9. I’m really interested in this platform. I carry a Shield now way more than my G19, because it conceals so easily, and is so comfortable in an IWB holster. My only concern with the G43 would be how it would fare against the shield. The price difference is dramatic. But maybe it’s shorter height makes it a different class of pistol?

  10. BOB, I do like the NY-1 module coupled with the standard connector, which gives about an 8-pound pull, on my personal carry Glocks. However, the Glock 43 under discussion here will not accept an NY-1 modification, nor will the G42 .380 to the best of my knowledge.

  11. *YAWN* Hmm… best of luck to Glock. Seems they are responding to the market about 8 years late. But even as the latest slim, 6-7 shot 9mm in an overcrowded field {Kahr PM9, Ruger LC9, S&W Shield, Spgfld XDs} I’m sure Gaston and friends will sell boatloads of them.

    I still argue the G19 is the MOST perfect carry piece ever. It fits almost everyone’s hand, holds 15/17/33 rounds, and is insanely simple. My 1911’s would win #1 prize if they didn’t weigh twice as much and allow half as many rounds. Just my $.02 YMMV. (apologies for sounding dogmatic or offensive)

  12. I wonder if it will sell that great MAS. A lot folks, me included,
    got tired of waiting for Glock to make the move and bought other
    single stack Nines like the XDs, Shield, or one of the several
    economical Kahrs. I love my XDs9 and CM9. My wife swears by
    her Shield9. I honestly see no need to buy a G43 and a lot of
    people I’ve talked to feel the same way.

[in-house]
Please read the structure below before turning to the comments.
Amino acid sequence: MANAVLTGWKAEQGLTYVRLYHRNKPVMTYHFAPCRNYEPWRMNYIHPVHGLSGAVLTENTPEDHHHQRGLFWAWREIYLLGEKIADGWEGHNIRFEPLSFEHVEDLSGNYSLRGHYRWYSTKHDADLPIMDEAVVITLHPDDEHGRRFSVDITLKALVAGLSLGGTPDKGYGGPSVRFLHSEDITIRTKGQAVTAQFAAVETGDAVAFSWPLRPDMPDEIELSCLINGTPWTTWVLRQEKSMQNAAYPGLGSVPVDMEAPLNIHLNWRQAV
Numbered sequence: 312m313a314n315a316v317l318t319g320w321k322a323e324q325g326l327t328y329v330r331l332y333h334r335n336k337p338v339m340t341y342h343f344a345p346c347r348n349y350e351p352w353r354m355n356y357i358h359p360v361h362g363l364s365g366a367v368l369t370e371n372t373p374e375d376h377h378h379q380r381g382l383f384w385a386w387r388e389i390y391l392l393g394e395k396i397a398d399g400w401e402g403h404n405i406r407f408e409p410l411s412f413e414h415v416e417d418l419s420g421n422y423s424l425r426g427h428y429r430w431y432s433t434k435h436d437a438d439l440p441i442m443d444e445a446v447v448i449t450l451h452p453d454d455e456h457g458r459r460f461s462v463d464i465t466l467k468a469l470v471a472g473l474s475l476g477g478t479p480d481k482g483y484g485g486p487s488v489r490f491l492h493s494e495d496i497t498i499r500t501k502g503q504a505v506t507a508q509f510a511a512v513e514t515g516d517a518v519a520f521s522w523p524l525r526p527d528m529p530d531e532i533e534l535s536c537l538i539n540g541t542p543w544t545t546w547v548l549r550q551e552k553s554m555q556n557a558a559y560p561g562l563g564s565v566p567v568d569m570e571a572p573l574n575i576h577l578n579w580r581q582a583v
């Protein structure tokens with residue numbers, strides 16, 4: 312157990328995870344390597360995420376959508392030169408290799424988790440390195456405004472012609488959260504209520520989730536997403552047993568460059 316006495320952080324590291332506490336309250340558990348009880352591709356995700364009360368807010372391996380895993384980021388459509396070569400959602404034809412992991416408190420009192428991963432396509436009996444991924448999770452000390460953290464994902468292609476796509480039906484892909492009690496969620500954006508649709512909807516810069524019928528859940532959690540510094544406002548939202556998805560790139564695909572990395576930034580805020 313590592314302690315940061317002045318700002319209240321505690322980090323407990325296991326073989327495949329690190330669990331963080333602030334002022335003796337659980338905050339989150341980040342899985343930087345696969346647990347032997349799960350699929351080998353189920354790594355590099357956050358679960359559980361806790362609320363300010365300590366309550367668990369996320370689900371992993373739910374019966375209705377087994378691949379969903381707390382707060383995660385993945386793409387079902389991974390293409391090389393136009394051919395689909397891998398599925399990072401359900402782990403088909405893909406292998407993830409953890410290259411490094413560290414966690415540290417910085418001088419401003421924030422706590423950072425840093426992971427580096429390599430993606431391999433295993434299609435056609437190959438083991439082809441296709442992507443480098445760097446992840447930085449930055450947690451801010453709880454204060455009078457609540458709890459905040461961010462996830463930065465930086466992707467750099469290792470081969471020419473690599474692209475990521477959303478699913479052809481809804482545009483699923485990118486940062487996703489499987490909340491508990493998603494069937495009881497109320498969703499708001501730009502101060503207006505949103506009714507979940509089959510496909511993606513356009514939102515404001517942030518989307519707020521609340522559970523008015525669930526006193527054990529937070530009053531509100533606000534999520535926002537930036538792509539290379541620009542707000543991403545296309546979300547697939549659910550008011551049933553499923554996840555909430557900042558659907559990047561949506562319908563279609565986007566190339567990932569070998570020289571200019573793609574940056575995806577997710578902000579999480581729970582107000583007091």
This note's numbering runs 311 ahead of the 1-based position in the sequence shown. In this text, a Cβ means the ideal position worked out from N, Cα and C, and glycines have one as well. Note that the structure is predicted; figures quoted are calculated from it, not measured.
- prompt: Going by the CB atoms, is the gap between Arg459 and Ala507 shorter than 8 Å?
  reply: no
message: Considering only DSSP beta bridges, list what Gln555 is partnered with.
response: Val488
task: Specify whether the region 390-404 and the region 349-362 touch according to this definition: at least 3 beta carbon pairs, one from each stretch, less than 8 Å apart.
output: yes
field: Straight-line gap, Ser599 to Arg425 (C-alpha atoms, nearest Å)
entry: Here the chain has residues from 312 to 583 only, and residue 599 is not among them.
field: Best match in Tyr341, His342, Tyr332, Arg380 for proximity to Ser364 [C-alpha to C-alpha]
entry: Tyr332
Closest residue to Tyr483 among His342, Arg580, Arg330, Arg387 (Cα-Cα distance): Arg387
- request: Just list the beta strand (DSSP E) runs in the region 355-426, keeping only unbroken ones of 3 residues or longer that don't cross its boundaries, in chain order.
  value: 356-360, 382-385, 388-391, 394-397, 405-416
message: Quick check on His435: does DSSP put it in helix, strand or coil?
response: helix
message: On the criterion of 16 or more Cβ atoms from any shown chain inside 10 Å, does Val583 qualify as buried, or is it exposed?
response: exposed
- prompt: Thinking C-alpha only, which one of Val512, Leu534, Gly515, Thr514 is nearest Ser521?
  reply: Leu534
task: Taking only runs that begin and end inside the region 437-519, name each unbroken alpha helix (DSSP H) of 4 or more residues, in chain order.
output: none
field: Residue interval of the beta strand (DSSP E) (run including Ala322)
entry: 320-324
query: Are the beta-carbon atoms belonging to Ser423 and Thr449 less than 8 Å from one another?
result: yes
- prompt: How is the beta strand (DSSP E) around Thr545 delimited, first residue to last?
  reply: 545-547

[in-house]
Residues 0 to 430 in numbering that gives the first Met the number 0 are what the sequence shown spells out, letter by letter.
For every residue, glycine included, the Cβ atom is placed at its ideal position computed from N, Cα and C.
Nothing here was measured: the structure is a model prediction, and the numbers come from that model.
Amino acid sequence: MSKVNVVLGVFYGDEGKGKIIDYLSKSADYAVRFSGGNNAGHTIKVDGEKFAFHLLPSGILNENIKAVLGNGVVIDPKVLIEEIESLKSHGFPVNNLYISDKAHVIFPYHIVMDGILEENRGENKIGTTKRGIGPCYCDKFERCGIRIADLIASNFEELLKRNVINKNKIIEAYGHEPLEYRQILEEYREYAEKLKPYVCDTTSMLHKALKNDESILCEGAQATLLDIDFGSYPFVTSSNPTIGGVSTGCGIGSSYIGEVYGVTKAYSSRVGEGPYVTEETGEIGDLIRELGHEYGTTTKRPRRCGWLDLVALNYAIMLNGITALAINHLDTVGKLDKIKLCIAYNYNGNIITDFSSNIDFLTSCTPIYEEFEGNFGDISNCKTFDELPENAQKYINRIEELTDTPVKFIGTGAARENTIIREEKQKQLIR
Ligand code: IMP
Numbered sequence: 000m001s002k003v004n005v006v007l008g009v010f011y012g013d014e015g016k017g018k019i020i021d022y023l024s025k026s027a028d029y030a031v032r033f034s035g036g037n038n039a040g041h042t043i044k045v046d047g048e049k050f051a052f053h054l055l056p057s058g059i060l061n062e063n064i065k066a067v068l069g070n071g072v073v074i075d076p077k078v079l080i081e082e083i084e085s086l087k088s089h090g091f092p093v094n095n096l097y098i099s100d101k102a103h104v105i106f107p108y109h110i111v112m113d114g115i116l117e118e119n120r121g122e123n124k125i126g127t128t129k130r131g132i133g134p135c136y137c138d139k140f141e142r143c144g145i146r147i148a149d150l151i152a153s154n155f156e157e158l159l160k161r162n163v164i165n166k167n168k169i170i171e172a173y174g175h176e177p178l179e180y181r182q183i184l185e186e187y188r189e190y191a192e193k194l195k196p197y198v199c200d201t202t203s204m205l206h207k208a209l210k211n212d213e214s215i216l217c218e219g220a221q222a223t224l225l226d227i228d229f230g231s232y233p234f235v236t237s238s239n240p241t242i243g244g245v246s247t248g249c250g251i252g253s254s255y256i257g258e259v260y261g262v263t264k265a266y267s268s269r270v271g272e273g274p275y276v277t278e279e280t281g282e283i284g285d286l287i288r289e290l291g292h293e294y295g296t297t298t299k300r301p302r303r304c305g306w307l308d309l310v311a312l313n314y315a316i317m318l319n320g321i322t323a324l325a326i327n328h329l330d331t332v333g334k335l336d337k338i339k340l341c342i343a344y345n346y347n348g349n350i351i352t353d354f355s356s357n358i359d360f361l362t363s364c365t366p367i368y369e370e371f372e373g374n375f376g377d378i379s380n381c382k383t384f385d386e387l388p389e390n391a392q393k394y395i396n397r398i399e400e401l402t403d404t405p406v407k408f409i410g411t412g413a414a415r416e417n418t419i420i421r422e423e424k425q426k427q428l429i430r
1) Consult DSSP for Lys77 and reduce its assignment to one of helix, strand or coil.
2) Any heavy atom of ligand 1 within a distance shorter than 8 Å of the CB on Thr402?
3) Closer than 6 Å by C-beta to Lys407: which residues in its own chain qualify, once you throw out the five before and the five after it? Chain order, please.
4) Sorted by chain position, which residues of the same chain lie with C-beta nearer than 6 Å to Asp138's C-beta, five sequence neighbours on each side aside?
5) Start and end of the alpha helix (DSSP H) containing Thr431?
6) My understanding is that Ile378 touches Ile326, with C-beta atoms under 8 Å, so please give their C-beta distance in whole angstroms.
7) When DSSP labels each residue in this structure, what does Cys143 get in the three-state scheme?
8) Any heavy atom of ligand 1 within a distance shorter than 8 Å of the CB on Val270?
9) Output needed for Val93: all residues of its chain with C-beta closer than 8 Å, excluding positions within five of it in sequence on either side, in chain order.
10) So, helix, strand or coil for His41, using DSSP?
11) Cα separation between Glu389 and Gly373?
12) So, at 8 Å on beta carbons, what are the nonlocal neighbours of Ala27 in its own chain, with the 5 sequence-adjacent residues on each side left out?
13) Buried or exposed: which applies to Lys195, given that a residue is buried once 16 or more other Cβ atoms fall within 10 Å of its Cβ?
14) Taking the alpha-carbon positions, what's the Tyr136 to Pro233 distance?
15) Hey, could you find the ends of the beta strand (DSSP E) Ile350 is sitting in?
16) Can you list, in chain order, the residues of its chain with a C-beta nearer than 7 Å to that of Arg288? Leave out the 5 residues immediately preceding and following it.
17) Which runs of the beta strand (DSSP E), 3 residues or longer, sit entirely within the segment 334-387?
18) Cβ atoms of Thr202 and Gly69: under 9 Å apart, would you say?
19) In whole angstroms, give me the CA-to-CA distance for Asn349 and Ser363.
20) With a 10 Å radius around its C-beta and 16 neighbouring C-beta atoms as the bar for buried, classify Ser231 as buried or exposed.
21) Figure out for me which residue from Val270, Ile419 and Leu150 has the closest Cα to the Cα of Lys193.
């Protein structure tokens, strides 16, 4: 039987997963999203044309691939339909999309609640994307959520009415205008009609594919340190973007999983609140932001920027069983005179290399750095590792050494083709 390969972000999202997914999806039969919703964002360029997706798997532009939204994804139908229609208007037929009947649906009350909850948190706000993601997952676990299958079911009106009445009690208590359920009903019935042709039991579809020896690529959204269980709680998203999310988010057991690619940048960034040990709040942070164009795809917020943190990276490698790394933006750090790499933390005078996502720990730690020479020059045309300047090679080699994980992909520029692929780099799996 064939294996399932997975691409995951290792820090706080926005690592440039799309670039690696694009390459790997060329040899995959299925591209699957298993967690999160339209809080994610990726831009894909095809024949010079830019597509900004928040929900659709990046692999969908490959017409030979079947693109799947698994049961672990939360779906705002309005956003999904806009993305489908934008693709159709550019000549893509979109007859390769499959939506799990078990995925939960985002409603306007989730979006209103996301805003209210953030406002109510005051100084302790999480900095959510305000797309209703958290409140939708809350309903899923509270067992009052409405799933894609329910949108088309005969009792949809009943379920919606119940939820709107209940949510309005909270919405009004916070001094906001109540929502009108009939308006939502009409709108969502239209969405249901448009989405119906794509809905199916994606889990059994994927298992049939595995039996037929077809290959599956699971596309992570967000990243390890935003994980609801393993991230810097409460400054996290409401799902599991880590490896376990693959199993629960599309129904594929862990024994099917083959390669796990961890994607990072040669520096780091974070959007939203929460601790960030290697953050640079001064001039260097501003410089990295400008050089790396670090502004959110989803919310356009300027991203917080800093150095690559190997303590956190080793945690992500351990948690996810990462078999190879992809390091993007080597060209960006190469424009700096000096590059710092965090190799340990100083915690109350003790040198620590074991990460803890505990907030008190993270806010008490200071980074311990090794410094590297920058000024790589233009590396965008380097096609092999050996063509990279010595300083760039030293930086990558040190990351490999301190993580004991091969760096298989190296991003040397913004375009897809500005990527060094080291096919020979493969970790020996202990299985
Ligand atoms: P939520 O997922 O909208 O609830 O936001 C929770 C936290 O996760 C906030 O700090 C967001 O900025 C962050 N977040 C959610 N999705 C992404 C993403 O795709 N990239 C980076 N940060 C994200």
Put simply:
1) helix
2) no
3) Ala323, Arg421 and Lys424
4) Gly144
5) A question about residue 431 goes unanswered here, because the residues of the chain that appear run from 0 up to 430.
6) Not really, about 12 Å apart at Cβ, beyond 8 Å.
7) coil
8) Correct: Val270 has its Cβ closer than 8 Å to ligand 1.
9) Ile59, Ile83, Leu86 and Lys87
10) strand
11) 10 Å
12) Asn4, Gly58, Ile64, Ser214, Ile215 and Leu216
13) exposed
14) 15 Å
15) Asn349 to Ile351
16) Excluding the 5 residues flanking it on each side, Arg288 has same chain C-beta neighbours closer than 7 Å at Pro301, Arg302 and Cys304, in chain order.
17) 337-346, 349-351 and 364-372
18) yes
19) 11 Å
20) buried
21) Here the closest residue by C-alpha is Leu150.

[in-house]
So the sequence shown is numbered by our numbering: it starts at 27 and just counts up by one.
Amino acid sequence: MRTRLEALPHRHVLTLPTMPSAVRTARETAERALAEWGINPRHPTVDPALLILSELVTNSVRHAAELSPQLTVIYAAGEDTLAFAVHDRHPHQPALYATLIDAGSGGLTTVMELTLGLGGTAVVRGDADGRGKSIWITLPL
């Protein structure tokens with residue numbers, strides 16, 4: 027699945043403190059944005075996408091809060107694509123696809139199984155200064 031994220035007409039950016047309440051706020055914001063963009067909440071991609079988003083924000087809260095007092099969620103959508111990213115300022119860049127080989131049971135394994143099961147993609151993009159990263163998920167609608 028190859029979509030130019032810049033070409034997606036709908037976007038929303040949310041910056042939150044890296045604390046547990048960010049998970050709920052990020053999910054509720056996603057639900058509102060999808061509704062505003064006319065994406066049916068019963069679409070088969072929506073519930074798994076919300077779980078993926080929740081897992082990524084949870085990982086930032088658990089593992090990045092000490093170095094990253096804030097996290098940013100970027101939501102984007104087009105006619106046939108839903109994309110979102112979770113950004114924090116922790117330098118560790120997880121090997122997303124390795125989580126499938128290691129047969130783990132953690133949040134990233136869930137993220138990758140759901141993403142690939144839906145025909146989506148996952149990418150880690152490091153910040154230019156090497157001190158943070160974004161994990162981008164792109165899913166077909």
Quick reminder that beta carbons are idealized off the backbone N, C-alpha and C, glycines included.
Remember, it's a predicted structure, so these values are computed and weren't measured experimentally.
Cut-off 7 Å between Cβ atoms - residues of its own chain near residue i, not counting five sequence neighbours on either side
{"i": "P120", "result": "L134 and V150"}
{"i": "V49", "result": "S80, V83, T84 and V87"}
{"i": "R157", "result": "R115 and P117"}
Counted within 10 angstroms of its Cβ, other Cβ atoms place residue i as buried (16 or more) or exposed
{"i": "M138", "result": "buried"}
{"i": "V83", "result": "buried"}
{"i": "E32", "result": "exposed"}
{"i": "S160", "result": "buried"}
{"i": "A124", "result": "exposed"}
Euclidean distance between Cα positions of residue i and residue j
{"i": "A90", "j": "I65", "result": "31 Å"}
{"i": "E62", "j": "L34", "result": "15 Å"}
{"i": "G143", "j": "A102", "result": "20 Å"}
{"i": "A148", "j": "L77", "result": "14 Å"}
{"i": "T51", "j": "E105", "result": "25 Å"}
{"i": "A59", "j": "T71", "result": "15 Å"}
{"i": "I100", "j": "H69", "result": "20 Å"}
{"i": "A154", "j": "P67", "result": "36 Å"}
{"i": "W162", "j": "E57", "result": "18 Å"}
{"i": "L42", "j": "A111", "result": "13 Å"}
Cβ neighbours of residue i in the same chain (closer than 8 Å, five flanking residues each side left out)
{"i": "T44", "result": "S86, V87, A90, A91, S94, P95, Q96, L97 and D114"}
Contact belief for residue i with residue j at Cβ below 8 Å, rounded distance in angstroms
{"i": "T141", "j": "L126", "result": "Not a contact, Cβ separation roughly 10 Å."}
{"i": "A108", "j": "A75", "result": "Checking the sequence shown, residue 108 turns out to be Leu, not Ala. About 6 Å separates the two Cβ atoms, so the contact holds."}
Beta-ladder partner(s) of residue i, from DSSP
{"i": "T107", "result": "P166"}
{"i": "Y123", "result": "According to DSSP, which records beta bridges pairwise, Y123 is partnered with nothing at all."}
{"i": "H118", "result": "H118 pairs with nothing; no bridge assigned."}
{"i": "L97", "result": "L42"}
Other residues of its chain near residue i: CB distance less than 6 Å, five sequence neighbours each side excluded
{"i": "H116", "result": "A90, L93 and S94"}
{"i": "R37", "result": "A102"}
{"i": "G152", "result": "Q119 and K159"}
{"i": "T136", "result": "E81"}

No Mas, I agree with you 99.999% of the time but I don’t quite
    see it your way on the G43.

  13. No problem, Dano. Ain’t tryin’ to sell it to ya, just lettin’ folks know it’s there and what it is.

  14. Won’t be buying one. Bought a G42 a couple months ago for the wife, she now has her perfect carry gun. I might even buy another G42 for it’s role as a flat, compact backup piece. But other than that I have no problem with my G17 for daily IWB carry, I even wonder sometimes why I ever bought a G19, which I don’t carry much anymore since I realized how much I like the full grip and extra sight radius of the 17. As well I am now running the Liberty Defense 50gr +P 9mm and I want every bit of the 2000 fps it’s rated for with the slightly longer barrel of the 17.


    The Glock 43 strikes me as a great choice for people who love Glocks but have small hands, but every other Glock lover is better off with a Glock 19 for most uses. Someone might like to make hi-cap 10-shot mags for it, which would be about the same height as a Glock 17 mag with the +2 extension.

    Sadly some people will view the Glock 43 as a pocket pistol as it is so small and light, which is a terrible mistake as they are prone to accidental discharges if so carried with a round in the chamber. If you carry it with an empty chamber will you be able to load a round in an emergency?

    The .357 SIG, .40 S&W, 10mm and .45 ACP chambered Glocks leave me cold as their chambers are not fully supported as they are in many other pistols like the SIG range, though if one uses quality ammo this should not be a problem (don’t forget to wear eye protection in case they blow up).